- It can't hurt to assume that expertise dissensus always exists: Even the rare team that holds an excellent kick-off meeting to discuss everyone's project-relevant knowledge is unlikely to uncover their expertise dissensus, for three reasons. First, such discussions usually focus on who knows what rather than how much each person knows. So, for instance, from such a meeting you could find out that both John and Susan are expert negotiators, but you won't know who thinks Susan is better than John, or the other way around, nor how big those perception gaps are. Second, even when such discussions do identify who knows the most, they generally don't reveal disagreement about how much all the other people know about the subject. This becomes a problem when the top expert can't do everything that requires her type of expertise or when part of the team's goal is the development of other team members — both of which are common on teams engaged in knowledge work. Third, such discussions usually focus on concrete knowledge rather than on softer skills like communications or interpersonal abilities, which may be just as critical for a team's success. If you assume that expertise dissensus does exist — that people will always hold varying perceptions about each other's levels of expertise to some degree — then you can take steps to take that into account.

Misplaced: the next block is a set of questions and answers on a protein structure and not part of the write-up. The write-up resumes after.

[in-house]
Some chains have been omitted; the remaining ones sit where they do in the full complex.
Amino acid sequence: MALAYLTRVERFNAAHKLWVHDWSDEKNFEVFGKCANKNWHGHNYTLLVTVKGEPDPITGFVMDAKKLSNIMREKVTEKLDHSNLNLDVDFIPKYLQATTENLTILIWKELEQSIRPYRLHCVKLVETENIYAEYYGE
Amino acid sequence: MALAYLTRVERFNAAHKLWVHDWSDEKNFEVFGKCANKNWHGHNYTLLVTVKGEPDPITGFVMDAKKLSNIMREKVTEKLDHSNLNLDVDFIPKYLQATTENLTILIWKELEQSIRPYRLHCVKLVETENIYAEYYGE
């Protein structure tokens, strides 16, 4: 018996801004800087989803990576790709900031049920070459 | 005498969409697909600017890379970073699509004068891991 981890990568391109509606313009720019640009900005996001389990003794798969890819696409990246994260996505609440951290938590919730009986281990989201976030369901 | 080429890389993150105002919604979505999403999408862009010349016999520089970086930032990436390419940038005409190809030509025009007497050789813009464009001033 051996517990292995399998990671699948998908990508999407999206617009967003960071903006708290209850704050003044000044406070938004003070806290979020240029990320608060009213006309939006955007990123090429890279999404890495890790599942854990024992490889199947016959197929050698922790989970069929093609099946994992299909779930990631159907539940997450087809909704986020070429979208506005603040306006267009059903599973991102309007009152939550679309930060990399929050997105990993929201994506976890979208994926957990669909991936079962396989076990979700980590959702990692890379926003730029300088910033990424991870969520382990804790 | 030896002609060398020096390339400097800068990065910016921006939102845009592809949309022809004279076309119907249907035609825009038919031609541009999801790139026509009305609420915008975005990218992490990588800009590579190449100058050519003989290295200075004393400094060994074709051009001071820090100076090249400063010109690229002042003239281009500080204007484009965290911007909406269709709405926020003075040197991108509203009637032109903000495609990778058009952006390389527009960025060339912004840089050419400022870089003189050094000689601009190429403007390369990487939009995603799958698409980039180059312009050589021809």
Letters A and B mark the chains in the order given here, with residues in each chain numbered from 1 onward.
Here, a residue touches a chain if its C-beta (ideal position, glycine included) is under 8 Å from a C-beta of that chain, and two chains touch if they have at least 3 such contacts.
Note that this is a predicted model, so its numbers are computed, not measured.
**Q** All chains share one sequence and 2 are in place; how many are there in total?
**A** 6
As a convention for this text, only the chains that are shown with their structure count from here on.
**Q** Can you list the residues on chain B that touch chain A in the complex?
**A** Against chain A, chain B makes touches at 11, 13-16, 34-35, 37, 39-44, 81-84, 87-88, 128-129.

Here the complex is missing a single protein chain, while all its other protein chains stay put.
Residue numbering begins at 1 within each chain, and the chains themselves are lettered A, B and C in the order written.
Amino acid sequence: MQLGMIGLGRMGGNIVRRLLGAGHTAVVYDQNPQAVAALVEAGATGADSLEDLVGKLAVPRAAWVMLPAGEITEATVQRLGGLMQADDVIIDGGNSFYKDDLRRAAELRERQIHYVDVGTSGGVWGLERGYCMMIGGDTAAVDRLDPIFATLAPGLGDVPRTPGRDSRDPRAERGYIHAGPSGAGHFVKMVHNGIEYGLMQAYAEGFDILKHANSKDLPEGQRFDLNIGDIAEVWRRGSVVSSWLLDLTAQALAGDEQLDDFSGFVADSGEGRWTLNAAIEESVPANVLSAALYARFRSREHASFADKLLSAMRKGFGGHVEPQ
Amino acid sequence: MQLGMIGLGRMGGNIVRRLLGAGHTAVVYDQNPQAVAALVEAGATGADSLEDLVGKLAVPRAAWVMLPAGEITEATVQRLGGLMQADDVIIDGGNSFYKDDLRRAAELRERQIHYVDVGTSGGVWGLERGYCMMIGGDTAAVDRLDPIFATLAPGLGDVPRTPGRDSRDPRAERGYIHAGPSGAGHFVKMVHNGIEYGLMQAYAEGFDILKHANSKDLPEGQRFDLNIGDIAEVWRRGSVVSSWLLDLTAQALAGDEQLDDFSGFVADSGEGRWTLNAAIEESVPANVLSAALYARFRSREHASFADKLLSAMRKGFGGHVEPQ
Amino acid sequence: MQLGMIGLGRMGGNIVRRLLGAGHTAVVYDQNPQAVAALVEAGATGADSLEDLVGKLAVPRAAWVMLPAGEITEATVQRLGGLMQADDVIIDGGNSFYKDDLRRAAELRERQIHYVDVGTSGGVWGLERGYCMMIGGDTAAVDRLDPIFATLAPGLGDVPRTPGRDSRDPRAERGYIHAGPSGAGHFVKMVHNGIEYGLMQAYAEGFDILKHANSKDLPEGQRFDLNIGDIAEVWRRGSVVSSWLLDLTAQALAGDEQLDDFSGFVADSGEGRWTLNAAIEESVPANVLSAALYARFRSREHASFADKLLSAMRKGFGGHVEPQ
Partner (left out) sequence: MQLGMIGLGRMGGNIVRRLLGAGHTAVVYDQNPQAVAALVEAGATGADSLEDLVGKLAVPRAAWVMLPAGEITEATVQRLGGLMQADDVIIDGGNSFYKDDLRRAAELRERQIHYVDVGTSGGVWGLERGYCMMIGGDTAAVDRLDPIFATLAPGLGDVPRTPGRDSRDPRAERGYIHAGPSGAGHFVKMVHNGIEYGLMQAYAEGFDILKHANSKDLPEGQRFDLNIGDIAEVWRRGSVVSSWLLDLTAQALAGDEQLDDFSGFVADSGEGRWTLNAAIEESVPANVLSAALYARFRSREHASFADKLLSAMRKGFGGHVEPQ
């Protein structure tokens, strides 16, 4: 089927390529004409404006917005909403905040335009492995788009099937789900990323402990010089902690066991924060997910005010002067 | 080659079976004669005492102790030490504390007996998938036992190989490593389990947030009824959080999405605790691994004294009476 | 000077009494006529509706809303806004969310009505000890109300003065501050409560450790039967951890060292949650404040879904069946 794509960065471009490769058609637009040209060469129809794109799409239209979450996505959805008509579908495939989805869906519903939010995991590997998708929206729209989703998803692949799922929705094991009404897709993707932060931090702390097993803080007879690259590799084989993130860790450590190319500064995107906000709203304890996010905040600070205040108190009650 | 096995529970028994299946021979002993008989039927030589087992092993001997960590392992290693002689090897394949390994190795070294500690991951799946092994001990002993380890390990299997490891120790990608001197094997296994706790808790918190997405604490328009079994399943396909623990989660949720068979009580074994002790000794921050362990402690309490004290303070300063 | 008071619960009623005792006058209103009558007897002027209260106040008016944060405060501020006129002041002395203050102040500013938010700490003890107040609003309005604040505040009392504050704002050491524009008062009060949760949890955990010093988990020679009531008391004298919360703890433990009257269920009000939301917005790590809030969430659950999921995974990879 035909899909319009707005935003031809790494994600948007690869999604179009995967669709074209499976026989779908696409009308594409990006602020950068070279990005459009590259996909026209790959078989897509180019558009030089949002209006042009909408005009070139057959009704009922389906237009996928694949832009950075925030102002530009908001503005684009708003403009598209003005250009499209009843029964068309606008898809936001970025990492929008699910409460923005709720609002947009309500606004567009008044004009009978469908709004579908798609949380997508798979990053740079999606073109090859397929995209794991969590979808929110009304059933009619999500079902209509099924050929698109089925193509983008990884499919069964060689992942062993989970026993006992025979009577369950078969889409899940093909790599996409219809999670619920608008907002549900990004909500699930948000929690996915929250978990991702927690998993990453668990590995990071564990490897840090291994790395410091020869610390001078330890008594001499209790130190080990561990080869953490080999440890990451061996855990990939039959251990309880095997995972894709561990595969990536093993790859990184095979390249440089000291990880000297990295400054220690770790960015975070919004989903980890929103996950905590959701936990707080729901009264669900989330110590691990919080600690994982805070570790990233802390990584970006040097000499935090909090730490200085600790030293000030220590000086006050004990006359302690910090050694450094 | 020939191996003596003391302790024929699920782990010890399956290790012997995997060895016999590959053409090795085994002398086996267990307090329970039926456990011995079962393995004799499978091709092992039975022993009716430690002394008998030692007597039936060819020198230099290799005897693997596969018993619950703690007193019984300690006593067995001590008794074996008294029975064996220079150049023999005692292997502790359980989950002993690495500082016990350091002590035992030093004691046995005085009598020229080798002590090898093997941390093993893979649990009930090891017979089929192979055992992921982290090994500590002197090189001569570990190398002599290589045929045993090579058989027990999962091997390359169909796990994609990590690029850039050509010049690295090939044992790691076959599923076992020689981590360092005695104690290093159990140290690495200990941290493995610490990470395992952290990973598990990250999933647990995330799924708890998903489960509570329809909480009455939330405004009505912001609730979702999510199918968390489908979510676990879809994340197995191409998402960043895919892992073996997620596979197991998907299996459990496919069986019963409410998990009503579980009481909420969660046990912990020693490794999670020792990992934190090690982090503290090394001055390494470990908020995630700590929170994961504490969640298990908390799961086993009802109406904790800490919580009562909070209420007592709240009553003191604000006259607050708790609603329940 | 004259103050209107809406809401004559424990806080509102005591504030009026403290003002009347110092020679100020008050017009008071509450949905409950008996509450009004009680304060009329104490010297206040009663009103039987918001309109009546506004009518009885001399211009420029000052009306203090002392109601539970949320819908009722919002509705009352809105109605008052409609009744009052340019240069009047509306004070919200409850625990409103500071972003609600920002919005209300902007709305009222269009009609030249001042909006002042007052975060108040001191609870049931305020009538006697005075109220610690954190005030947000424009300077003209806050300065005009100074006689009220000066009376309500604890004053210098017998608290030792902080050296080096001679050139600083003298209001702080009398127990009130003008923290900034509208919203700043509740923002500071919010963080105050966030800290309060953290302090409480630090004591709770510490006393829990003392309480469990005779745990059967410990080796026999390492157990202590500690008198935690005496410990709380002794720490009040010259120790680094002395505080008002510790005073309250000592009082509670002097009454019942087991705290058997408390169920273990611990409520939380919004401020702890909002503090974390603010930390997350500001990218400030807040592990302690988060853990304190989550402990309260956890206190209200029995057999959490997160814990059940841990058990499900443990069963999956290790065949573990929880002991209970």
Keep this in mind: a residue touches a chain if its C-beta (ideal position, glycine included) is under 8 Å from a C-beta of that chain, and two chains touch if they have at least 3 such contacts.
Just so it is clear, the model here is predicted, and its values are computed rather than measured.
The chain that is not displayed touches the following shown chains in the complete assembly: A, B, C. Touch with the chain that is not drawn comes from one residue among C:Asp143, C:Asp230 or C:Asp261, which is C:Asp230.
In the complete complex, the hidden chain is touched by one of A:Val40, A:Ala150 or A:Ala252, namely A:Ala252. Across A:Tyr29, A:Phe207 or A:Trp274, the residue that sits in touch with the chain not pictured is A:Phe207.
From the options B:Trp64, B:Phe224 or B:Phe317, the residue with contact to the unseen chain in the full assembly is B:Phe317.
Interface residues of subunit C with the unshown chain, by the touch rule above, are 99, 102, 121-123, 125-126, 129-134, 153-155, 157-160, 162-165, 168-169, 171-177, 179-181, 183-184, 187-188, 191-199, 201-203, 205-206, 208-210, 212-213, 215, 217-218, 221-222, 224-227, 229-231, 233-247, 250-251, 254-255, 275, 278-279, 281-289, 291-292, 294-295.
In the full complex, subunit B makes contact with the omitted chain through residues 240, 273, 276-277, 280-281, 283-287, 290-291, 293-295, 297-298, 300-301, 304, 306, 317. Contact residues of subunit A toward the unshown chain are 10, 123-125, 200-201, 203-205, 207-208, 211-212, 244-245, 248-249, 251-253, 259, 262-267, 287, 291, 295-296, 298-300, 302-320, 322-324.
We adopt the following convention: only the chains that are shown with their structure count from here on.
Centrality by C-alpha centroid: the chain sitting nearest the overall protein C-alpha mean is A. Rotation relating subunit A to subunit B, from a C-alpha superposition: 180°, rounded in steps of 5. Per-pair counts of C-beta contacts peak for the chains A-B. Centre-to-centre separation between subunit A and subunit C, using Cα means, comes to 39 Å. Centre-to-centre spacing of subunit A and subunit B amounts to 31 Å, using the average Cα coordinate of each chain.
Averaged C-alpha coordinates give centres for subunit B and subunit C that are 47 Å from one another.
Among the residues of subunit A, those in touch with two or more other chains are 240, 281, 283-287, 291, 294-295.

- Communicate your rationale: When assigning a task — like, say, divvying up parts of a presentation to deliver to a client — or when asking someone's advice be explicit about why: "I'm asking for your input here because of your knowledge of X." Making your thinking clear lowers the potential for conflict that could otherwise arise if someone feels slighted. Being explicit also forces you to specify your own rationale, making it easier to see if you're making any unwarranted assumptions.
- Speak up: When someone else gets an assignment you think you're better suited for, you need to muster the courage to ask why. Perhaps your expertise is not apparent? Perhaps the task is a stretch goal for your colleague? Either way the entire team benefits from understanding the thinking here. Clearly, asking is easier if your group operates within a culture that encourages you to speak you mind in safety. But regardless, speaking up is crucial for helping to uncover any mismatch between your boss's perceptions of your capabilities and your own. You may also find out which capabilities your boss weights more strongly than others, at least for that sort of assignment; maybe he sees communication skills (which you lack) as more important than sector knowledge (which you excel in).
I expect the problem of expertise dissensus only to become worse. As teamwork takes on increasingly complex forms — as people split their time across multiple teams; as team membership spans functional, cultural, and organizational divides; as organizations become less hierarchical and peer-to-peer collaboration increases — teams will only find it harder to reach a collective understanding about how to value and use their members' expertise.
But I'm not suggesting that everyone needs to agree. Rather, since differences will inevitably exist, it's important for people to explain the rationale for their decisions explicitly. When people don't understand an action, they tend to take it personally. That's a distraction your team doesn't need — but with some extra effort — can fruitfully avoid.
This post is part of the HBR Insight Center on The Secrets of Great Teams.
This blog first appeared on Harvard Business Review on 03/26/2012.